Jennifer Hayward then ties this machine together by saying that “audiences’ social practices play an important role in helping to produce the narratives picked up and then naturalized by the mass media. To complete the circle, serial fictions, as mass-produced texts reaching audiences that in some cases number as high as one-fourth of a nation’s population, in turn work to shape the social practices of their audiences.” (1997: p.20) This is known as an “obsessive circularity” (Langford 2005: p.17).

Barthes’ theory of inoculation, is applicable to Deleuze’s “Body without organs”, where “inoculation is the process in which the physical body takes into itself a controlled dose of a disease that threatens in it order to strengthen its defences against that disease.” (McKinley 1997: p.26) Therefore, the serial narrative texts represents the disease that affects the self’s perception of its own identity which then affects culture.

Therefore, with reference to the works of Barthes and Foucault, the serial narrative text are “bound up with ideologies, histories and myths that are never neutral… but the particular inflections and emphases of the text’s form (its signifiers) are always unstable, never able to contain a final meaning.” (Thronham & Purvis 2005: p.43)

In conclusion, with this ever changing serial narrative, there is never one constant output this machine produces, and due to differences in reception, it creates a multi-layered and constantly changing influence on the subjectivity to the self.

References & Bibliography

American Psychological Association (APA): non-linear. (n.d.). Jargon File 4.2.0. Retrieved June 02, 2008, from website:

American Psychological Association (APA): subjectivity. (n.d.). Unabridged (v 1.1). Retrieved June 02, 2008, from website:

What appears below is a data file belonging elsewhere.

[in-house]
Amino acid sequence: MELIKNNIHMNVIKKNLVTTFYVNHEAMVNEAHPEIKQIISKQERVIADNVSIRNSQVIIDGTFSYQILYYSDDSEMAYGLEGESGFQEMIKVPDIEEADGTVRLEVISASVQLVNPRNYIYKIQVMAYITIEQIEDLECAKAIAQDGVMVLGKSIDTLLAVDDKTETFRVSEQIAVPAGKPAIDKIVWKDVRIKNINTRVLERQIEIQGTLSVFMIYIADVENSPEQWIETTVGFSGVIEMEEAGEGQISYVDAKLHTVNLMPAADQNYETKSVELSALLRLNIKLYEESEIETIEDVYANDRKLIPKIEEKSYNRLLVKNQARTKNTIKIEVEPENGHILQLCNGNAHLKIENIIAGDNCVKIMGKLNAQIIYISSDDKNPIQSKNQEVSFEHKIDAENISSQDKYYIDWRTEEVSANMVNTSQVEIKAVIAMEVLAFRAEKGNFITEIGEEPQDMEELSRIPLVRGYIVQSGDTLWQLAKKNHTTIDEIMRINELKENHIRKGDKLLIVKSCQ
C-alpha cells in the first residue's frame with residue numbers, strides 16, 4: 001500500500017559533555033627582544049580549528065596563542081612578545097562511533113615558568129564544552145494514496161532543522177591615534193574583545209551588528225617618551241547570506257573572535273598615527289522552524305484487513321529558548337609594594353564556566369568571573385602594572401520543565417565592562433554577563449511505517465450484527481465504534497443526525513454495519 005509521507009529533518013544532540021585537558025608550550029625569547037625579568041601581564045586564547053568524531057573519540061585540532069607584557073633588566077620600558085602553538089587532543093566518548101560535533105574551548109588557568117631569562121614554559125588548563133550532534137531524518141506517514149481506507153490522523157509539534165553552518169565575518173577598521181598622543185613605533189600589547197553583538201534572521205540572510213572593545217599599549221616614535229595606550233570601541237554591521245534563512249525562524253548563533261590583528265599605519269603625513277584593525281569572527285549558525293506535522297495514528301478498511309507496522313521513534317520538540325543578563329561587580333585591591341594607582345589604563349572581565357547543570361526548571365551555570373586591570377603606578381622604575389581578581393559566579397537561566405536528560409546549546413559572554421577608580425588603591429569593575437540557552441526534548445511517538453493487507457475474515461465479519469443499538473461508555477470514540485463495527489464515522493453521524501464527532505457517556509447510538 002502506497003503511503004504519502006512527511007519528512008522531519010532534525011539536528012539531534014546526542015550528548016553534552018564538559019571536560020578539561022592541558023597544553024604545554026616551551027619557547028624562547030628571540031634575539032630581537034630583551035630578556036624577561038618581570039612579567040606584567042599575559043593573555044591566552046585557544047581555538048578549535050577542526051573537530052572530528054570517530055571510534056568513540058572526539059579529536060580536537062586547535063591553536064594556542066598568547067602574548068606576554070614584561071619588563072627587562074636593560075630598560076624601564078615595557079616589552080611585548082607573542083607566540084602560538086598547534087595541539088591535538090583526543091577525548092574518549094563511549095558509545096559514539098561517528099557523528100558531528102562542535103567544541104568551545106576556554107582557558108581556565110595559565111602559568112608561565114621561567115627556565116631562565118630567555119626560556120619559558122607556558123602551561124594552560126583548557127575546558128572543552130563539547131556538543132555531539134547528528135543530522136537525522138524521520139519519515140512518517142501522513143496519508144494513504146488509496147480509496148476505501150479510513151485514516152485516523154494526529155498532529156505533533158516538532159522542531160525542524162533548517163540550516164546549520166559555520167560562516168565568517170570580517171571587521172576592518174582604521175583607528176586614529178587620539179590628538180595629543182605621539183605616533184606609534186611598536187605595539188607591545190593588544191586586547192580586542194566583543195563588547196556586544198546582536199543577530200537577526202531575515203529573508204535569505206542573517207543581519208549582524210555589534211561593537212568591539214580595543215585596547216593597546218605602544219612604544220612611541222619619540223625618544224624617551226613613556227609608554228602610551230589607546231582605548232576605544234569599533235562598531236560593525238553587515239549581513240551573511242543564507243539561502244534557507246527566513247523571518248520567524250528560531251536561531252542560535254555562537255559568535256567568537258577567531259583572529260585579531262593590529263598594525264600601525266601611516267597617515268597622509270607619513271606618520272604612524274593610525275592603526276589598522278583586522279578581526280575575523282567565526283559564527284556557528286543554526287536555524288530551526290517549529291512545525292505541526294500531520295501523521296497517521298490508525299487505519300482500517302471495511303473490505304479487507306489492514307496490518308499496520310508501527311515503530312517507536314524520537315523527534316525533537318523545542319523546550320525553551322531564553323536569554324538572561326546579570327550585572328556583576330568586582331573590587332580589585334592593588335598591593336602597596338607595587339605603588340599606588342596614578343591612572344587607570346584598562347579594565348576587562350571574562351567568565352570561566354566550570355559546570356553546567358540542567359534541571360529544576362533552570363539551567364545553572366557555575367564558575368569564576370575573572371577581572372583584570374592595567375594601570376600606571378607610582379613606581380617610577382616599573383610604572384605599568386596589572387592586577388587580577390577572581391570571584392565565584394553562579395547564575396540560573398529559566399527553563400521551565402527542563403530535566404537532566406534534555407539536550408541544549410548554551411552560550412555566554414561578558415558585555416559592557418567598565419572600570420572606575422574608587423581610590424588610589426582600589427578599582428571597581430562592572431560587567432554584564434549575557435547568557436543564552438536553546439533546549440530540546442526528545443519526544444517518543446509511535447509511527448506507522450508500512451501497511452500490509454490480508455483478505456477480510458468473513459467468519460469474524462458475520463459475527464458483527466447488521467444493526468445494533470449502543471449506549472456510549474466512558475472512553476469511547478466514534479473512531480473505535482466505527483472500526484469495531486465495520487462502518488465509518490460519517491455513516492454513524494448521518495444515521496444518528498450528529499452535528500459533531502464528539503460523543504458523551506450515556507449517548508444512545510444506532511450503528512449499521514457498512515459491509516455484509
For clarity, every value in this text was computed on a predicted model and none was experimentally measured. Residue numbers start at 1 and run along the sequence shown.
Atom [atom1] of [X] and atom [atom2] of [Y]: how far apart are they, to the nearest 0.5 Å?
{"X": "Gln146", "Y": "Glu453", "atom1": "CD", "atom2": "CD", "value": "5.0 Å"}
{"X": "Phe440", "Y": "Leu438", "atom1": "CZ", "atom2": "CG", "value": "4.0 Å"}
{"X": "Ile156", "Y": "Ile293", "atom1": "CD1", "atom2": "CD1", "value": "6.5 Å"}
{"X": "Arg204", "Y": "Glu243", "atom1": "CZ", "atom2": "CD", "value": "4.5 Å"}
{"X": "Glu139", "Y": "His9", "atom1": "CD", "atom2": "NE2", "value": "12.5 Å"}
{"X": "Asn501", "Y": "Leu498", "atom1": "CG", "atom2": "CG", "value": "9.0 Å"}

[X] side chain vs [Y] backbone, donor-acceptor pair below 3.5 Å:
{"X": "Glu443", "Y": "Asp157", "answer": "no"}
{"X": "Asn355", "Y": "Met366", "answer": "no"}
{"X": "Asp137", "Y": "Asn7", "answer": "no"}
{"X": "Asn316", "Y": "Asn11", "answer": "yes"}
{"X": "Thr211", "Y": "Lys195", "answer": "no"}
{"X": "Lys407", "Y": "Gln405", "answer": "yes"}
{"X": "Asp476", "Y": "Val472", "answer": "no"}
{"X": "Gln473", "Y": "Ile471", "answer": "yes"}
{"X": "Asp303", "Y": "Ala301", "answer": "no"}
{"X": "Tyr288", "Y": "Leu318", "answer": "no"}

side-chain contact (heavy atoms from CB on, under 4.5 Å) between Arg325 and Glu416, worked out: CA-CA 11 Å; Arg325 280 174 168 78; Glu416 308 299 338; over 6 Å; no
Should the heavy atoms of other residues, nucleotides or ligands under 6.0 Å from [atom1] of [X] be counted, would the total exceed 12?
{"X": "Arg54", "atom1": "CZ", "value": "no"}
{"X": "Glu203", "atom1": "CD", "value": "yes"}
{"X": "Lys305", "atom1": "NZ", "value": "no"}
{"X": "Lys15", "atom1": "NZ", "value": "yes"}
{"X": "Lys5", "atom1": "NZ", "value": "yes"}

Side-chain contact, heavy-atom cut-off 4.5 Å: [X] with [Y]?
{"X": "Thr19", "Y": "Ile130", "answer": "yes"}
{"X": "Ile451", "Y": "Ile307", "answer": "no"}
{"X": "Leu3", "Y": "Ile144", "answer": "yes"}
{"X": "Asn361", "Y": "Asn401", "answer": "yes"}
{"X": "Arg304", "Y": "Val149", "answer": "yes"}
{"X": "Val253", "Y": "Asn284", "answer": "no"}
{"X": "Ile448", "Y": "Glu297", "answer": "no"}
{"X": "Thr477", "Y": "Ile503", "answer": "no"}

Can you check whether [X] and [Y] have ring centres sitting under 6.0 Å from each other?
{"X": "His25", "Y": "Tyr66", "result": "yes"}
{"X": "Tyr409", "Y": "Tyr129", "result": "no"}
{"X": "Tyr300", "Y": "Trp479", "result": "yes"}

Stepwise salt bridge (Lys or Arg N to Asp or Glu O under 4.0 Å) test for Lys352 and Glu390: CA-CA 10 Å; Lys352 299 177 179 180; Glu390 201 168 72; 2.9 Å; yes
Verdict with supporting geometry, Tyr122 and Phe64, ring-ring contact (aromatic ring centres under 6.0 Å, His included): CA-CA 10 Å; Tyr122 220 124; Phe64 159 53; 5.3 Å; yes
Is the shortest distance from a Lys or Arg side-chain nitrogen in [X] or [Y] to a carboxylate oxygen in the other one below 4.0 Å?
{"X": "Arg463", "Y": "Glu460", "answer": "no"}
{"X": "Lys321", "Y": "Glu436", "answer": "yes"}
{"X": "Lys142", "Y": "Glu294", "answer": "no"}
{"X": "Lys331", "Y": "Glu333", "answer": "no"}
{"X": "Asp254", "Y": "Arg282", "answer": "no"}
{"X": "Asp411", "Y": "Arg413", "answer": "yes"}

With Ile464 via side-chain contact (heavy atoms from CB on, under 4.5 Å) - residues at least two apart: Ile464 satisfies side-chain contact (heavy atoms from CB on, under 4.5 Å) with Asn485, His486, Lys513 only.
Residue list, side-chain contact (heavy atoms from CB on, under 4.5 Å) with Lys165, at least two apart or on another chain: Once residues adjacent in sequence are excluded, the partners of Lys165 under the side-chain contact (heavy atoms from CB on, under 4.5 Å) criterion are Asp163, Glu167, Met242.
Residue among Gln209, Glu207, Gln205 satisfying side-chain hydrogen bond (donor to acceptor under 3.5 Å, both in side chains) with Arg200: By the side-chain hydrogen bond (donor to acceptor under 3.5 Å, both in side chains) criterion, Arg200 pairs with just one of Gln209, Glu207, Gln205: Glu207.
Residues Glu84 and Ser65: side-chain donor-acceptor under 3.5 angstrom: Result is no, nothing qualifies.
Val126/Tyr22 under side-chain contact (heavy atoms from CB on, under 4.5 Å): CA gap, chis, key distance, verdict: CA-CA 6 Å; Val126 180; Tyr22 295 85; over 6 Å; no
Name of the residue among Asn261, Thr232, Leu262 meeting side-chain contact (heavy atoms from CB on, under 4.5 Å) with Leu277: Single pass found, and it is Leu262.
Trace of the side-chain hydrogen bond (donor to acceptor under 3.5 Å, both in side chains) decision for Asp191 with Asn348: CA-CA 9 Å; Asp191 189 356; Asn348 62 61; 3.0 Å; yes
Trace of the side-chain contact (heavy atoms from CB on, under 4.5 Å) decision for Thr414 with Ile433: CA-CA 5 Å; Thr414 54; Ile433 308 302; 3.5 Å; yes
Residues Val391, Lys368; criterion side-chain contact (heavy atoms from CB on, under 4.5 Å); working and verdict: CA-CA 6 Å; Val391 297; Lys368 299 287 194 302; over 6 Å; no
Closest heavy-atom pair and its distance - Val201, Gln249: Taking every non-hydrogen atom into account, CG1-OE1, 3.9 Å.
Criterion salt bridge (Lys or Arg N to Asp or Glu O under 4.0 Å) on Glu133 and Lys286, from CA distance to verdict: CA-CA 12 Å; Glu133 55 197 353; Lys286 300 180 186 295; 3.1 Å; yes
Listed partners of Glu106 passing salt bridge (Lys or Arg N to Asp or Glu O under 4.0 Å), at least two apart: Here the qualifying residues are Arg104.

Cantor, Paul A. 2008, ‘Jack in Double Time’, in 24 and Philosophy: The World According to Jack, Jennifer Hart Weed, Richard Davis & Ronald Weed (eds), MA, Oxford, Victoria: Blackwell Publishing.

Dolan, Marc 1995, ‘Peaks and Valleys of Serial Creativity’, in Full of Secrets: Critical Approaches to Twin Peaks, David Lavery (ed), Detroit: Wayne State University Press.

Geraghty, Christine 1981, ‘The Continuous Serial – A Definition’, in Coronation Street, Richard Dyer, Christine Geraghty, Marion Jordan, Terry Lovell, Richard Patterson, John Stewart (eds), London: BFI Publishing.

Glen, Creeber 2004, ‘Introduction. From small to big drama’, in Serial Television: Big Drama on the Small Screen, London: BFI Publishing.

Giddings, Robert & Selby, Keith 2001, ‘Definitions, Early History: the Classic Drama Serial’, in The Classic Serial on Television and Radio, New York: Palgrave.

Guattari, Felix 1995, ‘Machinic Heterogenesis’, in Chaosmosis: an ethico-aesthetic paradigm, P. Bains and J. Pefanis (trans.). Sydney: Power Publications.

Hayward, Jennifer 1997, ‘Introduction’, ‘Mutual Friends: The Development of the Mass Serial’, in Consuming Pleasures: Active Audiences & Serial Fictions from Dickens to Soap Opera, Kentucky: The University Press of Kentucky.

Kaveney, Roz 2002, ‘She saved the world, a lot’, in Reading the Vampire Slayer: An Unofficial Critical Companion to Buffy & Angel, London & New York: Tauris Parke Paperbacks.

Langford, Barry 2005, ‘Our usual impasse’, in Popular television drama: Critical Perspective, Jonathan Bignell & Stephen Lacey (eds), Manchester & New York: Manchester University Press.

McKinley, E. Graham 1997, ‘Watching Beverly Hills, 90210’, in Beverly Hills 90210: Television, Gender & Identity, Philadelphia: University of Pennsylvania Press.

Meehan, Eileen R. 1990, ‘Why we don’t count: The commodity audience’, in Logics of Television: Essays in Cultural Criticism, Patricia Mellencamp (ed), Bloomington & Indianapolis: Indiana University Press.

Nelson, Robin 1997, ‘From Electronic Theatre to… Cyberspace?’, ‘Flexi-Narrative from Hill Street to Holby City: Upping the Tempo;Raising the Temperature’, ‘TV Drama Forms: Tradition and Innovation: Gradual (Un)realizations’, in TV Drama in Transition: Forms, Values & Cultural Change, Great Britain: Macmillan Press Ltd.

Self, David 1984, ‘Genres and Media’, in Television Drama: An Introduction, London: Macmillian Publishers Ltd.

Thronham, Sue & Purvis, Tony 2005, “Stories & Meanings”, in Television Drama: Theories and Identities, New York: Palgrave Macmillian.

Youtube 2008. ‘How I Met Your Mother 3×18 – Lilys flashback’. Retrieved 05 June 2008 from

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Youtube 2008. ‘How I Met Your Mother in 3 Minutes!’. Retrieved 05 June 2008 from

Youtube 2008. ‘Gossip Girl Official Teaser Trailer’. Retrieved 05 June 2008 from